The Lives of Black Americans, Depicted Via a Single Alabama Dry Cleaners

Kevin Jerome Everson

There’s a lovely scene in Kevin Jerome Everson’s documentary Quality Control in which a seamstress chats with customers and co-workers, threads her sewing machine with balletic dexterity and charms the viewer with her Southern accent and down-home manner. It’s one of the film’s few nods toward convention; dialogue, rhythm and force of personality jell into a familiar cinematic hook, into immediate accessibility.

That’s not to say that Quality, shot in black-and-white, isn’t hugely satisfying in its own right. A meditative look at a work shift for a small-town Alabama dry cleaners whose employees are largely African-American, the film is filled with long takes of unnamed workers performing repetitive tasks — ironing, sorting clothes, working the steam press — in long stretches of silence or near silence. The grinding noise of machines is often the only sound on the audio track. (Barry White’s “Can’t Get Enough of Your Love” is submerged beneath workplace noise early in the film.) The sum effect is a hypnotic, often poetic look at race and class in a blue-collar Southern workspace.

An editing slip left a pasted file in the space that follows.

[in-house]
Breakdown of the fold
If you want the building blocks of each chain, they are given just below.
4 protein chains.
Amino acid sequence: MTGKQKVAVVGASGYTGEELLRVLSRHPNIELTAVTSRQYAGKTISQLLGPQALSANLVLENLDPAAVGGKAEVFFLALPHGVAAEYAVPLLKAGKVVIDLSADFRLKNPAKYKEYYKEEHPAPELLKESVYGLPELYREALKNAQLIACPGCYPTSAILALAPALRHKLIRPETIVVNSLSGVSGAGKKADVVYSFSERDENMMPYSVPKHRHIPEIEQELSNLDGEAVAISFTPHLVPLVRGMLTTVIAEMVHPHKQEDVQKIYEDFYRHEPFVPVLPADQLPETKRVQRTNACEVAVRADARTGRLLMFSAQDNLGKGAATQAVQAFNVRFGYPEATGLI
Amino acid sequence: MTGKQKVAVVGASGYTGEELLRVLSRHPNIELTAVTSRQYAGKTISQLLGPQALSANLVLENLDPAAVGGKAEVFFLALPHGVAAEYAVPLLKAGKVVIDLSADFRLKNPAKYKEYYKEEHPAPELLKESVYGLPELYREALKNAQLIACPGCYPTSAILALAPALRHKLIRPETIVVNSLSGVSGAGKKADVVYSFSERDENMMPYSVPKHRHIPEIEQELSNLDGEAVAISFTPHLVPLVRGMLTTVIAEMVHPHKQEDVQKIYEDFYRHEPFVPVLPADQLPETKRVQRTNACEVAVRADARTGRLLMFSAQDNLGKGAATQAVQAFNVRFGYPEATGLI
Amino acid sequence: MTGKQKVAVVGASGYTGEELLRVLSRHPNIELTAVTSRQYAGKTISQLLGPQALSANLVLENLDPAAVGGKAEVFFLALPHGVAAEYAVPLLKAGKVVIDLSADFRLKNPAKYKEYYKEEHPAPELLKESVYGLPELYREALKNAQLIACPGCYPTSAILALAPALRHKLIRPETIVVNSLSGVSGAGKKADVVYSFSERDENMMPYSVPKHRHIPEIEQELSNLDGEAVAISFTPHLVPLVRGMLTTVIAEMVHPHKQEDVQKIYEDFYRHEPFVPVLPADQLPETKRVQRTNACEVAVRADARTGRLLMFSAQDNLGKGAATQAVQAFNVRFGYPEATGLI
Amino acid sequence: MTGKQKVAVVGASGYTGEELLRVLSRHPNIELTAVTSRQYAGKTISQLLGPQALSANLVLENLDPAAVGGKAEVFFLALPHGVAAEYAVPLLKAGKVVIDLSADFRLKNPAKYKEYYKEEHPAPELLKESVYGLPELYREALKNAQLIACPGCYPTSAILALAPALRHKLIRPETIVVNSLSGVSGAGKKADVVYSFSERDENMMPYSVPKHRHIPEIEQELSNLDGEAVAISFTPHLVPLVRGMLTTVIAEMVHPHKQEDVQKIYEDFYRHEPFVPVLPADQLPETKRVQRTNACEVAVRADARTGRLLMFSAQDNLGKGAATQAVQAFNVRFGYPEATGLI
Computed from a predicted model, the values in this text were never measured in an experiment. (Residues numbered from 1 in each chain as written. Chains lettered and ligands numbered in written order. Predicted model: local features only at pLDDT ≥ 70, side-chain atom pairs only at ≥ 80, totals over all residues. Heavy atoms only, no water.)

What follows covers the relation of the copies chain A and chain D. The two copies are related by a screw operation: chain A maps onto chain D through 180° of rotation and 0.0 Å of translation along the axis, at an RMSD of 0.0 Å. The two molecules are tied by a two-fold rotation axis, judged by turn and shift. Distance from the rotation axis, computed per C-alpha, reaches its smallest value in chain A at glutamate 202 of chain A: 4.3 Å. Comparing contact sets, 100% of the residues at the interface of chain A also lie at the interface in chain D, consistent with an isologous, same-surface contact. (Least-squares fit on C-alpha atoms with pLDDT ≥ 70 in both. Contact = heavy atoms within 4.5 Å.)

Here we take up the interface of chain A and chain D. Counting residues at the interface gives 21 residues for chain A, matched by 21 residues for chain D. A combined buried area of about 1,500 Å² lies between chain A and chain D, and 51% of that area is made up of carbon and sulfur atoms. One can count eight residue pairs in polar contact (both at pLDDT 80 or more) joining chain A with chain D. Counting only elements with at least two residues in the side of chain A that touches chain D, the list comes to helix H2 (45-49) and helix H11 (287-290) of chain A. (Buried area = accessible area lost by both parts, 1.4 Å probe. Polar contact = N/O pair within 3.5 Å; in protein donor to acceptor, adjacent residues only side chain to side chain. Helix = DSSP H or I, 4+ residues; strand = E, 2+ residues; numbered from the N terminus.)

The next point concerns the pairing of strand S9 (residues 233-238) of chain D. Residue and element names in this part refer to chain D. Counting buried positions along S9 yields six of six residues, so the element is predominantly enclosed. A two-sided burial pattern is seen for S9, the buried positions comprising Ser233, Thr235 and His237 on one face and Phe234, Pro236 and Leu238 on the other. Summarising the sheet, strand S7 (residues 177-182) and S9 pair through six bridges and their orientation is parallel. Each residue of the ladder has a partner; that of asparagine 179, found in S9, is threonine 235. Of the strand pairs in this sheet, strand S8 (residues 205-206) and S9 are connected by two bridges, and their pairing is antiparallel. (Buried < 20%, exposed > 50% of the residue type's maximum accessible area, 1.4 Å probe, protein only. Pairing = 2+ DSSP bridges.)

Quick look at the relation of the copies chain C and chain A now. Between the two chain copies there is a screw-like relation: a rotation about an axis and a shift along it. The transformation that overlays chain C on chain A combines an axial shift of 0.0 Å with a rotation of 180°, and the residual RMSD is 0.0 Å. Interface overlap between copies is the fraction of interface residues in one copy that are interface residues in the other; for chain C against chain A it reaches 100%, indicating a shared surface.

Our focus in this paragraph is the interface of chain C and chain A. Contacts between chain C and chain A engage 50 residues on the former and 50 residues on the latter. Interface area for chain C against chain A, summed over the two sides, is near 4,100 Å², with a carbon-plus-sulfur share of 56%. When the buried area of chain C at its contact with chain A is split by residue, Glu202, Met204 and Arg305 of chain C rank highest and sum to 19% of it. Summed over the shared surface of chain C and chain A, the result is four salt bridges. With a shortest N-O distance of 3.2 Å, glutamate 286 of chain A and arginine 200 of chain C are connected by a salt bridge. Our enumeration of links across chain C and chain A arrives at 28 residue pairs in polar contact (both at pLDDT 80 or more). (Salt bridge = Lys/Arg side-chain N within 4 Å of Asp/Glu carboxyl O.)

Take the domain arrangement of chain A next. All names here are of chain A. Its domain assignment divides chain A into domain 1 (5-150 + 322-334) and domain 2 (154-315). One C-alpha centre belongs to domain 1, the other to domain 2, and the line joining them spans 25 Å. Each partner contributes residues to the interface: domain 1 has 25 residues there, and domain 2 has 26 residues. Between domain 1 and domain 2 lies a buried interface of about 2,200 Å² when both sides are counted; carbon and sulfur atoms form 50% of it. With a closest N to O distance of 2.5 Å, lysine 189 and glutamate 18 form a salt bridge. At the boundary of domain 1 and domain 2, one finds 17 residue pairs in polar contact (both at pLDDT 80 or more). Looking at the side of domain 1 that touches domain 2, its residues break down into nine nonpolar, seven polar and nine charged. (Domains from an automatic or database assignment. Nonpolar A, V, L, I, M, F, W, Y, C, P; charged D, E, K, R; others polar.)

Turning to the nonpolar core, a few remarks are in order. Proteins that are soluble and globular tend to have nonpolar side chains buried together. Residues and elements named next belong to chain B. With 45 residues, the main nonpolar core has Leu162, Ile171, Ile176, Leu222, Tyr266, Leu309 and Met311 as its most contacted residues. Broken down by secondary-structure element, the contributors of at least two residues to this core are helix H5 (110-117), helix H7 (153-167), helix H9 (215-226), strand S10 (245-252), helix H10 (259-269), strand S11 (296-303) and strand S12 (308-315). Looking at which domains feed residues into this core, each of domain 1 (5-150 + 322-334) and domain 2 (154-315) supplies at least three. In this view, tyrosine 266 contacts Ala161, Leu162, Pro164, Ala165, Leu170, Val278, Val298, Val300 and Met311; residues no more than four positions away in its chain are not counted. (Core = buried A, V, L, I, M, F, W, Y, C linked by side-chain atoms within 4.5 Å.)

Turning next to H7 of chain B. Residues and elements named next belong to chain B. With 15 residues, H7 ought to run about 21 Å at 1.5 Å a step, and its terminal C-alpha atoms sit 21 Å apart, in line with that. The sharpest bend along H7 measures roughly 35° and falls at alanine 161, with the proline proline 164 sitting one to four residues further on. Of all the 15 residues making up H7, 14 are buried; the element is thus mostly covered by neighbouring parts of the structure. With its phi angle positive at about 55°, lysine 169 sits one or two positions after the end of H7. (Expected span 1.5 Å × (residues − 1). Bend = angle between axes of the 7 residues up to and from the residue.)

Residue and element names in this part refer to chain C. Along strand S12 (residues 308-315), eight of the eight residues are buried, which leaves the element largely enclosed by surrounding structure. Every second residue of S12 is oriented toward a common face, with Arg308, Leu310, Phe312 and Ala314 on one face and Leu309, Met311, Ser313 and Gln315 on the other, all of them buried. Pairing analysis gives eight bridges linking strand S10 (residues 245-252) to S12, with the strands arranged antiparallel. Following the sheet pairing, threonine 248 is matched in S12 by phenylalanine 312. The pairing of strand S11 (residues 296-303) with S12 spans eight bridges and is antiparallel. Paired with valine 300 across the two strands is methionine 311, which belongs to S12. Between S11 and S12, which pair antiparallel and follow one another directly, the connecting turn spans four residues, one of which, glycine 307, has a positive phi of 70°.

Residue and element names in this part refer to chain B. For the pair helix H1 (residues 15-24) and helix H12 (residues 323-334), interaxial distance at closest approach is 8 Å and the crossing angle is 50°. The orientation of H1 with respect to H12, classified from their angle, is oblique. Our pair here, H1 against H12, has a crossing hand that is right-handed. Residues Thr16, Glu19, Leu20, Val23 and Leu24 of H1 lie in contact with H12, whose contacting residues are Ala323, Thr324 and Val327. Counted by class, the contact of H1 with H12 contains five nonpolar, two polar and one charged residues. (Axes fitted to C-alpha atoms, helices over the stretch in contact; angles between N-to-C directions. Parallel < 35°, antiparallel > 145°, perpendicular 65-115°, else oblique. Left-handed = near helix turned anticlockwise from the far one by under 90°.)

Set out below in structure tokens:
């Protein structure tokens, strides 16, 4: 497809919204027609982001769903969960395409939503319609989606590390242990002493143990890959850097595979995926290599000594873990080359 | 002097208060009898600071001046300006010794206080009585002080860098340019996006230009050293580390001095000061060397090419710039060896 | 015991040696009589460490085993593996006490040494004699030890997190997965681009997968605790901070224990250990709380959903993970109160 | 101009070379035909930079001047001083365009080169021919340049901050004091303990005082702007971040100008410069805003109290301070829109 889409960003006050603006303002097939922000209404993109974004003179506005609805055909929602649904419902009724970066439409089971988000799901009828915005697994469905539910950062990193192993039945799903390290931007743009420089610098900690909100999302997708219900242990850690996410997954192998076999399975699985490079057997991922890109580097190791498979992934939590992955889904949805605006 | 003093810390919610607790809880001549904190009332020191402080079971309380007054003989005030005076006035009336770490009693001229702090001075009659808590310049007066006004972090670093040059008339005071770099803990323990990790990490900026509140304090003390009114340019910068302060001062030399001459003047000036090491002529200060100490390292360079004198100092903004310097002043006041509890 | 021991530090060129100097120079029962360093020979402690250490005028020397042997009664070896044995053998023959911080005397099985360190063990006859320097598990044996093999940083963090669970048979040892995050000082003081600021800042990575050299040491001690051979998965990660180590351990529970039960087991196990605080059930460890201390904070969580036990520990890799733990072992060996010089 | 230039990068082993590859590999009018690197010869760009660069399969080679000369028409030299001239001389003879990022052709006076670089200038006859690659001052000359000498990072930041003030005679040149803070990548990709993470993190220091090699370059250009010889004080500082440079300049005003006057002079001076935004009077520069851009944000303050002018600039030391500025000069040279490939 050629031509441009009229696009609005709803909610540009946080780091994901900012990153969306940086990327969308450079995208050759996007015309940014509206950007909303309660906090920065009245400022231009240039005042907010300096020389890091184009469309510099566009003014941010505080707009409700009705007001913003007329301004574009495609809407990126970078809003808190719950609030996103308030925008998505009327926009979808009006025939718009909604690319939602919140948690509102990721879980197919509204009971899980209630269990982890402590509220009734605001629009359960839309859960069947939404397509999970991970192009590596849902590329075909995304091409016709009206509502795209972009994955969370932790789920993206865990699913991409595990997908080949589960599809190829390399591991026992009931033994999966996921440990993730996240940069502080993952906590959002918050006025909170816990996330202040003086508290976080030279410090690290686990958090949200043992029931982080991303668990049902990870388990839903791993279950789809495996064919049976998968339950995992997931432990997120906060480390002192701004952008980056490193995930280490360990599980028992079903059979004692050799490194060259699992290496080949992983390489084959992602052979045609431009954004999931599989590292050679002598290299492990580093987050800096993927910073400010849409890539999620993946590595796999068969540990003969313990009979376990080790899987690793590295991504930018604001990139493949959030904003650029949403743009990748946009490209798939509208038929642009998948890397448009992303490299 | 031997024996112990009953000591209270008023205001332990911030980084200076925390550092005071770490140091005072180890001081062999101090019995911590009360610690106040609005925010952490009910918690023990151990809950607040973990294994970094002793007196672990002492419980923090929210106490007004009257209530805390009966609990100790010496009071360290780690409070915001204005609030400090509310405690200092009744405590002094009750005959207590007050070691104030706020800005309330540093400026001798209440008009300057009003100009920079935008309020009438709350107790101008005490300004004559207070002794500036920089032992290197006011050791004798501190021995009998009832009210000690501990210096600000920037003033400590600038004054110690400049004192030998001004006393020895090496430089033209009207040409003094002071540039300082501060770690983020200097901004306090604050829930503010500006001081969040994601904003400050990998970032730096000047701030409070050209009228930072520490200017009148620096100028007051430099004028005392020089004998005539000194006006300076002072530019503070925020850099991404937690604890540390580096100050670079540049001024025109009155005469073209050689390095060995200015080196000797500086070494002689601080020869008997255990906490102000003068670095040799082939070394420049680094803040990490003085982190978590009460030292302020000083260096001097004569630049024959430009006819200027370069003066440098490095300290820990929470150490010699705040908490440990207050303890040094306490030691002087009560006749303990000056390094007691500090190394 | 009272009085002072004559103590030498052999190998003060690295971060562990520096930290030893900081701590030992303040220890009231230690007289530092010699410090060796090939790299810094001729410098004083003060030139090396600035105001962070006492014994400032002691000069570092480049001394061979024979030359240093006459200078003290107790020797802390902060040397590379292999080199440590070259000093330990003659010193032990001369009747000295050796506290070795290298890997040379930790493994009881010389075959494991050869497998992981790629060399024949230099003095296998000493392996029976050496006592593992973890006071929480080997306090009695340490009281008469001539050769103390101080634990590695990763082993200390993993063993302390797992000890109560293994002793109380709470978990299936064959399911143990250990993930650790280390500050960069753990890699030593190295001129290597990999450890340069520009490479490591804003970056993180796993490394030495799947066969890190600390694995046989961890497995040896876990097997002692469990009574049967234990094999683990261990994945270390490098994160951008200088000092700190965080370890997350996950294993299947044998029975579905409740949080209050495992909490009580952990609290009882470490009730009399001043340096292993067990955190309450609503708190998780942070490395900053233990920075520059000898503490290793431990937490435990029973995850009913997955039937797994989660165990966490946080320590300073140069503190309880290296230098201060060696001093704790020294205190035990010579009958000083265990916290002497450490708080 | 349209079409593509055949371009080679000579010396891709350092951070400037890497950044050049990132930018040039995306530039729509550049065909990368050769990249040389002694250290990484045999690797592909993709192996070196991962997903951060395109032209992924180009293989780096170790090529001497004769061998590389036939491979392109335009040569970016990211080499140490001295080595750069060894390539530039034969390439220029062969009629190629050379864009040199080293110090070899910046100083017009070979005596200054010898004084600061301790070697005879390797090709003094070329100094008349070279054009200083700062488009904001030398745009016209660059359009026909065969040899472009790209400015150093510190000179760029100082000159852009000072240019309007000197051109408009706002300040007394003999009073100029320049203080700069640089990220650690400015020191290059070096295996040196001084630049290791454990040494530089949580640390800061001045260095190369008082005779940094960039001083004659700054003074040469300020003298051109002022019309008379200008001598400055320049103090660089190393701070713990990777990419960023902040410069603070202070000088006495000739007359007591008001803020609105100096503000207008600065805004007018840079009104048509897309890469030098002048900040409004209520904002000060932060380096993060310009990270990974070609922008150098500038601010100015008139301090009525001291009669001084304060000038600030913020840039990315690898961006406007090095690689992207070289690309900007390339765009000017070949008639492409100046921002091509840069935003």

Everson has forged a celebrated career (70 short films and six features) as a genre hybridist, working across and then melding elements of experimental fiction and nonfiction filmmaking. His work is not only in conversation with UCLA’s iconic L.A. Rebellion film movement of the ’70s (including such heavyweights as Charles Burnett, Julie Dash, Haile Gerima and Jamaa Fanaka, among others), but also with fellow modern experimental filmmakers like Cauleen Smith, and indie directors Barry Jenkins, Dee Rees, Tina Mabry, Ava Duvernay and Tanya Hamilton. Linking all their work is the seriousness with which they take black life, as they turn a spotlight on aspects of the black experience and imagination that can’t be easily packaged for passive consumption.

In Quality, as in much of his work, Everson’s concern here is the nature of work itself, particularly the unglamorous sort. Without pedantry or grandstanding, he locates the grace within the grind.


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